Implicit adaptation to mirror reversal is in the correct coordinate system but the wrong direction

Tianhe Wang, Jordan A. Taylor

Research output: Contribution to journalArticlepeer-review


Learning in visuomotor adaptation tasks is the result of both explicit and implicit processes. Explicit processes, operationalized as reaiming an intended movement to a new goal, account for a significant proportion of learning. However, implicit processes, operationalized as error-dependent learning that gives rise to aftereffects, appear to be highly constrained. The limitations of implicit learning are highlighted in the mirror-reversal task, where implicit corrections act in opposition to performance. This is surprising given the mirror-reversal task has been viewed as emblematic of implicit learning. One potential issue not being considered in these studies is that both explicit and implicit processes were allowed to operate concurrently, which may interact, potentially in opposition. Therefore, we sought to further characterize implicit learning in a mirror-reversal task with a clamp design to isolate implicit learning from explicit strategies. We confirmed that implicit adaptation is in the wrong direction for mirror reversal and operates as if the perturbation were a rotation and only showed a moderate attenuation after 3 days of training. This result raised the question of whether implicit adaptation blindly operates as though perturbations were a rotation. In a separate experiment, which directly compared a mirror reversal and a rotation, we found that implicit adaptation operates in a proper coordinate system for different perturbations: adaptation to a mirror reversal and rotational perturbation is more consistent with Cartesian and polar coordinate systems, respectively. It remains an open question why implicit process would be flexible to the coordinate system of a perturbation but continue to be directed inappropriately. NEW & NOTEWORTHY Recent studies have found that implicit learning may operate inappropriately in some motor tasks, requiring explicit strategies to improve performance. However, this inappropriate adaptation could be attributable to competitive interactions between explicit and implicit processes. After isolating implicit processes, we found that implicit adaptation remained in the wrong direction for a mirror reversal, acting as if it were a rotation. Interestingly, however, the implicit system is sensitive to a particular coordinate system, treating mirror reversal and rotation differently.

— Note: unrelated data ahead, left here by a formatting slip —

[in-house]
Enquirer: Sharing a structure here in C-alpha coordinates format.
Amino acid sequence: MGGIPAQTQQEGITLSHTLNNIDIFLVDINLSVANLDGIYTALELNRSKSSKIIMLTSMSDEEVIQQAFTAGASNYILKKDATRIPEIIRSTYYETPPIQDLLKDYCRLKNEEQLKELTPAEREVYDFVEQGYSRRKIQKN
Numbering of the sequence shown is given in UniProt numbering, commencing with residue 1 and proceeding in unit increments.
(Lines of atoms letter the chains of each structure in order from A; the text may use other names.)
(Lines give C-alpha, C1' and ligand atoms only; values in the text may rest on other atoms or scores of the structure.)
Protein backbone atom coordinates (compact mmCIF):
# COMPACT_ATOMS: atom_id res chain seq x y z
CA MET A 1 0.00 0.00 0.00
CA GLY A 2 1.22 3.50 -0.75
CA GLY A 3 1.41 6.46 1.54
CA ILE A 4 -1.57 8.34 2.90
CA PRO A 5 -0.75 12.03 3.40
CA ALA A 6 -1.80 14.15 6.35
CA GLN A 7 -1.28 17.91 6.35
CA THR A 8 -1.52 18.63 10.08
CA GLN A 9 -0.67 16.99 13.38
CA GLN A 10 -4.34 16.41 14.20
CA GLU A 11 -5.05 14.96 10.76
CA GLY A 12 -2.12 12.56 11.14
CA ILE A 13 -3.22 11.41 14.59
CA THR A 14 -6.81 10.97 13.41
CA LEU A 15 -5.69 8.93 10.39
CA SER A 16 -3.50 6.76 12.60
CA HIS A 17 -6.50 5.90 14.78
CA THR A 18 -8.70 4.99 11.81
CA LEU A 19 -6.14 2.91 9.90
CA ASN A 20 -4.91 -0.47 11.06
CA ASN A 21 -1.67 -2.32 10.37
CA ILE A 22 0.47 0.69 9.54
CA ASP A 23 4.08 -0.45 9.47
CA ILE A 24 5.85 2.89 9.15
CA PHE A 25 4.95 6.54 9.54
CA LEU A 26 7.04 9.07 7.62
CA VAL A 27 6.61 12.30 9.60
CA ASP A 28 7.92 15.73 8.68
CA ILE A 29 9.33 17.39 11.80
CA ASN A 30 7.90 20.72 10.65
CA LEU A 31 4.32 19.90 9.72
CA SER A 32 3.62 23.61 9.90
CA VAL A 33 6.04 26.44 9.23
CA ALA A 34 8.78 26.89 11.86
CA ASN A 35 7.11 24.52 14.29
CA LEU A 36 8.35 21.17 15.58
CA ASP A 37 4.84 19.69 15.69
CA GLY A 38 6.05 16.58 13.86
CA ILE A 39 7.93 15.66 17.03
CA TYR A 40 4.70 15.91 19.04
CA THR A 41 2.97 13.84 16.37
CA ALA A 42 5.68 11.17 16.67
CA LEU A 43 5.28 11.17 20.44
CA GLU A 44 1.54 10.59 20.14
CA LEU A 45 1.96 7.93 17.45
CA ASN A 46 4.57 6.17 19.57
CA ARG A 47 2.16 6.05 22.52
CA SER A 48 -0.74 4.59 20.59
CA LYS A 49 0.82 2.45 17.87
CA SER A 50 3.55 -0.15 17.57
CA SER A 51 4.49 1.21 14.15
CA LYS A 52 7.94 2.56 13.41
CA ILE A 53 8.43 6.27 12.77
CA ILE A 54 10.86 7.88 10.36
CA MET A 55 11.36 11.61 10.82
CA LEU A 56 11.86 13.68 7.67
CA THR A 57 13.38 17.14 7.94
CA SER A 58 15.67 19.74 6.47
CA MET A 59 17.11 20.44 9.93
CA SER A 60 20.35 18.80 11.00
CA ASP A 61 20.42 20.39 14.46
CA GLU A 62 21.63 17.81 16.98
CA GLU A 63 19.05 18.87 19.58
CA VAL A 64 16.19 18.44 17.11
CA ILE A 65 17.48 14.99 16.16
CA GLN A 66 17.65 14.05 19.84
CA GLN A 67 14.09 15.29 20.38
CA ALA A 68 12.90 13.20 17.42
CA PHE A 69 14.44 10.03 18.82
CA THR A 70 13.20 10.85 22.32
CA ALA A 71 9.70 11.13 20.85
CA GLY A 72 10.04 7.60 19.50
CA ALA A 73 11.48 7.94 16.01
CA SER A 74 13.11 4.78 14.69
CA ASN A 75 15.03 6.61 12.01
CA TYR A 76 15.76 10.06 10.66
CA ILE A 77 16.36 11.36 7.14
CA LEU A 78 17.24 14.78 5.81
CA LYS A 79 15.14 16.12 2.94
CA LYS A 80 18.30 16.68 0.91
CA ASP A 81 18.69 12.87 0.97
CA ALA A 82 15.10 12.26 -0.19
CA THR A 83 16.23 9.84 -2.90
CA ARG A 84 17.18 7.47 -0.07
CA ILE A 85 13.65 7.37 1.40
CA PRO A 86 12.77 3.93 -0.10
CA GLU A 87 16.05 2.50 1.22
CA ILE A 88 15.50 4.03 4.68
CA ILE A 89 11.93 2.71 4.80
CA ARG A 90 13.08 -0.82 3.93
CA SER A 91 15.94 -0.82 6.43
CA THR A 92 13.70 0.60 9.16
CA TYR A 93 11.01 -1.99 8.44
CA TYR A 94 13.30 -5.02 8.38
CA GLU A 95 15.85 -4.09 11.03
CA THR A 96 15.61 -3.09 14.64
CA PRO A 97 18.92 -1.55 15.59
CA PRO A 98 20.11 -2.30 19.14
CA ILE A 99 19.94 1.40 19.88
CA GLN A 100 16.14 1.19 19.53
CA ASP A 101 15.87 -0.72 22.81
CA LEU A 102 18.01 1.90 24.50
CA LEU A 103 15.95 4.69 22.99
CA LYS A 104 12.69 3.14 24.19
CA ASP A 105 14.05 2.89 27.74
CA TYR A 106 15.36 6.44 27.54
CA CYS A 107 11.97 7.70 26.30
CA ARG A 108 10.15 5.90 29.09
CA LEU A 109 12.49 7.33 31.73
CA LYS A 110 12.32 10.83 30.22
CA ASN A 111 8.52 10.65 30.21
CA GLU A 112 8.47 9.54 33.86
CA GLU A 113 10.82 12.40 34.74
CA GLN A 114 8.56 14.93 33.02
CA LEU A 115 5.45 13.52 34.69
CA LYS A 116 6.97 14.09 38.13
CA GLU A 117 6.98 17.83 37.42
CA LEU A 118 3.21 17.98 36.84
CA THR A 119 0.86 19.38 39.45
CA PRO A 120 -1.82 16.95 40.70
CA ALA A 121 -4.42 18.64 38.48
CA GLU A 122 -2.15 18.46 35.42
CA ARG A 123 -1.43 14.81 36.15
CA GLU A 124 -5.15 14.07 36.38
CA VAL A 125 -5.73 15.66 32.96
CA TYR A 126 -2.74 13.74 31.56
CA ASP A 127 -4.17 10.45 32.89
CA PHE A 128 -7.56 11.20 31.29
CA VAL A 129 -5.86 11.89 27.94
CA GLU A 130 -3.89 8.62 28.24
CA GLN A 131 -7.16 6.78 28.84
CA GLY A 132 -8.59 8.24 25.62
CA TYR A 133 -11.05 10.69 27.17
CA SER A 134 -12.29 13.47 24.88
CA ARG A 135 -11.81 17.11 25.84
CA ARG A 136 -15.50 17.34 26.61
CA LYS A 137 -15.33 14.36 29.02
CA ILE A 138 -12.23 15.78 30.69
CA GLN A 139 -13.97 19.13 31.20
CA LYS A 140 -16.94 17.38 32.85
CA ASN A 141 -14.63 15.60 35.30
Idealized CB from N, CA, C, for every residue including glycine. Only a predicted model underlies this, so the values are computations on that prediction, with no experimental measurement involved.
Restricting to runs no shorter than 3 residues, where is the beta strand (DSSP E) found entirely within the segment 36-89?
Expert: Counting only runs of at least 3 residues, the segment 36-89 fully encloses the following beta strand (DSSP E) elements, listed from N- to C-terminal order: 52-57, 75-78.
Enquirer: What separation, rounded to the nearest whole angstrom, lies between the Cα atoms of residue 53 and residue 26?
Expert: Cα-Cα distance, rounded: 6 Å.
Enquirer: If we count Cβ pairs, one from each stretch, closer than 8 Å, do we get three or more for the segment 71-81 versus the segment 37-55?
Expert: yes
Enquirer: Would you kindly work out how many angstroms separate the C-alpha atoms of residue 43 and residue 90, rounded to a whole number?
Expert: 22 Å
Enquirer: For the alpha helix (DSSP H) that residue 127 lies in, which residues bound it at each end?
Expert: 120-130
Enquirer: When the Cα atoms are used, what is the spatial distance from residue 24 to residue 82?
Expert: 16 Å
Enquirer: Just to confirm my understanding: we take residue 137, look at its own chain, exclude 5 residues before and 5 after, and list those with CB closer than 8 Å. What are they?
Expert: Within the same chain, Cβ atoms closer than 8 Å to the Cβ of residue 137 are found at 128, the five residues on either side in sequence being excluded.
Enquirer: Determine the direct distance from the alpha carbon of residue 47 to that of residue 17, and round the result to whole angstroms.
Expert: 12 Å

Original languageAmerican English
Pages (from-to)1478-1489
Number of pages12
JournalJournal of neurophysiology
Issue number5
StatePublished - Nov 2021

ASJC Scopus subject areas

  • General Neuroscience
  • Physiology


  • Coordinate system
  • Implicit adaptation
  • Mirror reversal
  • Motor learning
  • Sensorimotor adaptation


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